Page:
Likewise, Pharyngula has been running a series of essays from his readers on "Why I'm an Atheist." The diversity of experience is quite interesting. A few were raised without religion, many others began doubting in childhood, but some were fully adult before they stopped believing.

Then there's Dr. William Morgan, who actually taught at Oral Roberts University before becoming an atheist.

For most of these people, the biggest problem was not in accepting their newfound disbelief, but in admitting it to others. They often risked losing their family, as well as their friends, and even their livelihood. Many American atheists are still in the closet, for that reason.

None of these people suddenly became smarter than they were. Their IQ didn't miraculously increase. And they didn't become more or less emotional (admittedly, those with a rational frame of mind were probably more likely to really think about their beliefs).

So, no, I still disagree with you. Oddly enough, I guess I respect these people enough to think that they're not necessarily hopeless cases. True believers - in religion and in politics - do change their mind sometimes. I don't know how often it happens, but these people aren't children, who need protection from having their feelings hurt.

I do respect them more than that.

Jim Harris said...

Bill, sure there are plenty of people that can become atheists, but they've got what it takes to think things through. But there are lots of people that just aren't intellectual. To them God is as obvious as sunlight and will never be persuaded by intellectual arguments. They see the world with emotional logic.

We see those people all the time trying to be intellectual, producing pathetic feats of logic that just baffles us, like the woman on the show making the comments about atheists and trees. You saw that woman as just saying something stupid. I saw her as someone pathetically trying to defend herself.

It's not that I don't give people enough credit, but I can empathize with what they feel. They aren't seeing reality the same way we do. And I'm not saying they are defective, but different. Some people just can't fathom abstract ideas, like some people aren't musical or don't have spatial sense.

Bill, I get the feeling you don't spend much time hanging out with the faithful. Expecting some faithful to change is like expecting dogs to start talking.

WCG said...

Maybe, Jim. Undoubtedly, some people are like that. But how many?

And if I'm wrong, what's the worst that can happen? I'll try to convince them and fail. Well, I'm going to fail anyway, in most cases. And if we don't try, we'll be guaranteed to fail.

Besides, I did teach my dog to talk. He could say, "Roof!" Hey, it's a start, right?

Jim Harris said...

Don't you think you should let some people alone and let them have their delusions? To tell them they are wrong only upsets them, or creates doubts. Does it hurt to let old people think they will go to heaven and meet their parents again?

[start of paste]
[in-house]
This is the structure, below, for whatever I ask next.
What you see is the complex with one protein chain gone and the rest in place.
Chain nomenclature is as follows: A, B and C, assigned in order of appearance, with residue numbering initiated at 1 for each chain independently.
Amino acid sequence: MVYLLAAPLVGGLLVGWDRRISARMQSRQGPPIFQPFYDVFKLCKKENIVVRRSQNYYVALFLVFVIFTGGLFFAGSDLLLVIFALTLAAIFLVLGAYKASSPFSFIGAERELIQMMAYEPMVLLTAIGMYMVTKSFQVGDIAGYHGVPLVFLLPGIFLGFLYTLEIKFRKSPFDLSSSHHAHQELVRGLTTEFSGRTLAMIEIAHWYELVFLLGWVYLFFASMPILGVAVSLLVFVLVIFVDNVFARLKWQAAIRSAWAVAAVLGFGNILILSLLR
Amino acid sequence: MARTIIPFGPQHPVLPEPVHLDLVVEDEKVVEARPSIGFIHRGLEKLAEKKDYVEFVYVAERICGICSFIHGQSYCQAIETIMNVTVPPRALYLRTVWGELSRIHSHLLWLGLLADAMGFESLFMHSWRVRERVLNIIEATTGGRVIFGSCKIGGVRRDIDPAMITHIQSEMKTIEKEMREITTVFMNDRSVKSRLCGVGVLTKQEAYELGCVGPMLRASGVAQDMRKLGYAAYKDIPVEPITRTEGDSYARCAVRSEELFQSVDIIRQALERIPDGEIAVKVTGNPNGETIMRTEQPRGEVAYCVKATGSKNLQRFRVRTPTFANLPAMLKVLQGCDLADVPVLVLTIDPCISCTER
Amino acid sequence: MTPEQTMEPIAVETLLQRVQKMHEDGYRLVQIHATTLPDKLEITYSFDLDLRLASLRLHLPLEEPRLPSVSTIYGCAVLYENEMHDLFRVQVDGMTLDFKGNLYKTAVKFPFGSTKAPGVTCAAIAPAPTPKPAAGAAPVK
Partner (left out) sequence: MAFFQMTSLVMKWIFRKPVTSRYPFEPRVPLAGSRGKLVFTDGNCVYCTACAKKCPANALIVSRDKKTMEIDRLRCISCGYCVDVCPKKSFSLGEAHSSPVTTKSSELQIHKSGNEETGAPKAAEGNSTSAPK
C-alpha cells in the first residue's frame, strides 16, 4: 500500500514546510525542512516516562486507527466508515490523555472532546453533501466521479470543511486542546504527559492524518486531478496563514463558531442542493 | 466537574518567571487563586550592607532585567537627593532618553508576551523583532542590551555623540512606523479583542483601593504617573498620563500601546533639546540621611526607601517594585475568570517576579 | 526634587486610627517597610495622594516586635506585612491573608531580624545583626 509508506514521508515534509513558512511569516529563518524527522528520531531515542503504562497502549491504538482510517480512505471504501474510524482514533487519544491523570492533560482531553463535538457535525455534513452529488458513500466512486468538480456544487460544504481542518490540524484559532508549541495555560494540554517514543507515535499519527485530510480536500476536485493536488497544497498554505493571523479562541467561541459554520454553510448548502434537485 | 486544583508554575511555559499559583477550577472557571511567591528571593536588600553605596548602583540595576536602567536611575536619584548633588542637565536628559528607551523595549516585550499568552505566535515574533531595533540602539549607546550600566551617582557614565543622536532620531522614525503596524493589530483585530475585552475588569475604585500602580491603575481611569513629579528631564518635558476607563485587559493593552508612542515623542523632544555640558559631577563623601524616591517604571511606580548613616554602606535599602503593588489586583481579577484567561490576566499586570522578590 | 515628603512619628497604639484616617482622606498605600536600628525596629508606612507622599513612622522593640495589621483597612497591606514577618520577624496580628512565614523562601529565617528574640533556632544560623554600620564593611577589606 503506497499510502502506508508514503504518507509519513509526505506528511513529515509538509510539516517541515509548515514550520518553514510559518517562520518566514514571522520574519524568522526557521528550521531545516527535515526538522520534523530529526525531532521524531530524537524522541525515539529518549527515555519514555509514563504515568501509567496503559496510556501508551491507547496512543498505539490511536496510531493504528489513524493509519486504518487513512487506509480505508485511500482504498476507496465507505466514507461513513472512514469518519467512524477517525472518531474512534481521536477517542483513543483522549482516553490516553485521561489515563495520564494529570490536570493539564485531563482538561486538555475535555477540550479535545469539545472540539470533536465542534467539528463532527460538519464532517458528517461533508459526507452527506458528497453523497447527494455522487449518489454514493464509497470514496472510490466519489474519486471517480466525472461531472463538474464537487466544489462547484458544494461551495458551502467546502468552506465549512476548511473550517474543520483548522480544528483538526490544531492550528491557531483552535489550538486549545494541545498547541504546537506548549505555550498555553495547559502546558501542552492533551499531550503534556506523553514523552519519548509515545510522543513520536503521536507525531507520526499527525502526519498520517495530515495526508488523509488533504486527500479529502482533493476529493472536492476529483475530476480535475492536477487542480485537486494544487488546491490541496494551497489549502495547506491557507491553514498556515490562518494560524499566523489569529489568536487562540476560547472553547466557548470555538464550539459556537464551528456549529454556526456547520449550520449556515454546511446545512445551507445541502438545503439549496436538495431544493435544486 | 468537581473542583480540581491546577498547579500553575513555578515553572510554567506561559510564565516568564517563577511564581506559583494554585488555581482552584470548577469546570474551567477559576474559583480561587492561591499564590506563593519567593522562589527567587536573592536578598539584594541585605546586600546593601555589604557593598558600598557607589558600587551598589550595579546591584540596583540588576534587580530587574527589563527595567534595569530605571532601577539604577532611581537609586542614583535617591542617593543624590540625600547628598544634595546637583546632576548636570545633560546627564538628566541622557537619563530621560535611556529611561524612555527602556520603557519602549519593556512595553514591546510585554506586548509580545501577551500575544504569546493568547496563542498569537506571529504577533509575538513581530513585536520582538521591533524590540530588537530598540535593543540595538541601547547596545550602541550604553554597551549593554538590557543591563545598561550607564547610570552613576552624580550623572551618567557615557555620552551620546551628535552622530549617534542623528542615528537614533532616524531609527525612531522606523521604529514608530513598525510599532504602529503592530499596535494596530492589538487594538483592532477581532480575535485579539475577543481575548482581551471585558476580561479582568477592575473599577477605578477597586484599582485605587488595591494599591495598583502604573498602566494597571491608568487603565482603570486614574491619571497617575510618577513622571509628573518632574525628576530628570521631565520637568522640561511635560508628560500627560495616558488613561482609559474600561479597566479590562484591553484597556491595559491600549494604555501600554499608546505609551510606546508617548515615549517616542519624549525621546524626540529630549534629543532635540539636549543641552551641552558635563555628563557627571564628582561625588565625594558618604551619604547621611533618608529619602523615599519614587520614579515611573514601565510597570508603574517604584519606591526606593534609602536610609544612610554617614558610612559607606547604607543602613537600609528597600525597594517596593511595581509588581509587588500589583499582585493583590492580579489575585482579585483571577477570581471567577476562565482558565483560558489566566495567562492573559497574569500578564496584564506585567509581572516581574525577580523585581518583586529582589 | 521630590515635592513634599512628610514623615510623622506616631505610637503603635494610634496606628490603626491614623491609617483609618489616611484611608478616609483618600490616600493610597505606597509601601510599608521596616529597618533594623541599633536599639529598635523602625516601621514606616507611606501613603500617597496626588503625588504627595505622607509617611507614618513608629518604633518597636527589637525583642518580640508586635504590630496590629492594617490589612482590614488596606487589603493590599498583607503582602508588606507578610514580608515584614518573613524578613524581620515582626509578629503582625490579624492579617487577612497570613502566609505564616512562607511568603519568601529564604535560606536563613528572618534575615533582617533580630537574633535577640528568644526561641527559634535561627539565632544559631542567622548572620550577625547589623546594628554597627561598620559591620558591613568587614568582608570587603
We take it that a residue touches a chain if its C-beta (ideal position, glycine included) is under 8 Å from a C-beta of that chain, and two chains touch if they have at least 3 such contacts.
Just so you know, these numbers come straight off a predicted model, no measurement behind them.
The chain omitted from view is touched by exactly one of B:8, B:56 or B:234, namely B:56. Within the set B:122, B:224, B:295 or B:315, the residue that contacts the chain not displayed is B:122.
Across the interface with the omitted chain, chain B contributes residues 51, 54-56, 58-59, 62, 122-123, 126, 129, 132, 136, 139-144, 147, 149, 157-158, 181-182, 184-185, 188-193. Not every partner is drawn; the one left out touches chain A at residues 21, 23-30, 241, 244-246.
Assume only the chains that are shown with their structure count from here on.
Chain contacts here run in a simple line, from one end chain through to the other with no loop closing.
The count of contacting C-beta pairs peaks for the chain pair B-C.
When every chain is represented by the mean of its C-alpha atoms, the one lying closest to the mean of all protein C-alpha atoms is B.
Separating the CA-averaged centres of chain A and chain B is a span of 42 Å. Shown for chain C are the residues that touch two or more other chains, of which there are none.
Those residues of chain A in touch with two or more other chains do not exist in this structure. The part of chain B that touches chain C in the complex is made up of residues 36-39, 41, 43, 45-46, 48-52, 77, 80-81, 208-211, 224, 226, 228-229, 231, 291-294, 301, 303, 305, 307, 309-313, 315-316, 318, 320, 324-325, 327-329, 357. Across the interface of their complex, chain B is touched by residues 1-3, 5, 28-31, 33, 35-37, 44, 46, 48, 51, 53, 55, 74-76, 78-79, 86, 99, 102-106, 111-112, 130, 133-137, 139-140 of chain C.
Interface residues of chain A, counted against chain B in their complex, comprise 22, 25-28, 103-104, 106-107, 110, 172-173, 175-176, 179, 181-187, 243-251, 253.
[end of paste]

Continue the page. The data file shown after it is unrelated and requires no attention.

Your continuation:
Many people solve their psychological problems with religion. Do you want to undo their self-medication?

The religious people that I feel are truly dangerous are the ones in politics who are trying to change the laws. It doesn't bother me if atheists go after those folks.

WCG said...

Leave them alone? Leave them alone? In what way am I not leaving them alone? I don't picket their churches. I don't accost them in the hospital. I don't go door to door as an atheist missionary. In fact, they come to my door.

Does leaving them alone mean that I have to hide my non-belief? Does it mean I can't say what I think, that only Christians are free to speak about these things? Do we atheists have to hide in the closet, then, to avoid offending believers? Is that what you're suggesting, Jim?

That I exist at all seems to upset many of these people. Do we atheists have to pretend we don't exist? How far do we have to go to disguise ourselves? Do we need to go to church every week?

I don't understand you, Jim. What are you asking? Do you expect me to give up my rights because I might make other people uncomfortable? Note that these are the people voting for those dangerous theocratic politicians. If they let us alone, none of this would be so important.

Finally, do you really think those people are solving their psychological problems with religion? Or just masking them? If they actually do have psychological problems, maybe we should encourage them to get help. How does giving up our civil rights seem like a better solution than that?

The fact is, I really do have more respect for believers than you do. I don't think they're too dumb to understand the concept of religious freedom. I don't think it's impossible for them to understand how the separation of church and state benefits believers and non-believers alike.

I don't even think that it's impossible for them to understand the whole point of the scientific method, though that may indeed be an advanced topic. These are human beings, not chimpanzees. And not livestock, much as they like to compare themselves to sheep.

So I'm going to treat them like human beings. I'm going to have that much respect for them, at least. And I'm going to have enough respect for myself that I'm going to demand my own rights, too.

Do I upset them? Gee, that's a shame, though it's probably better in the long run. Do I create doubts? GOOD!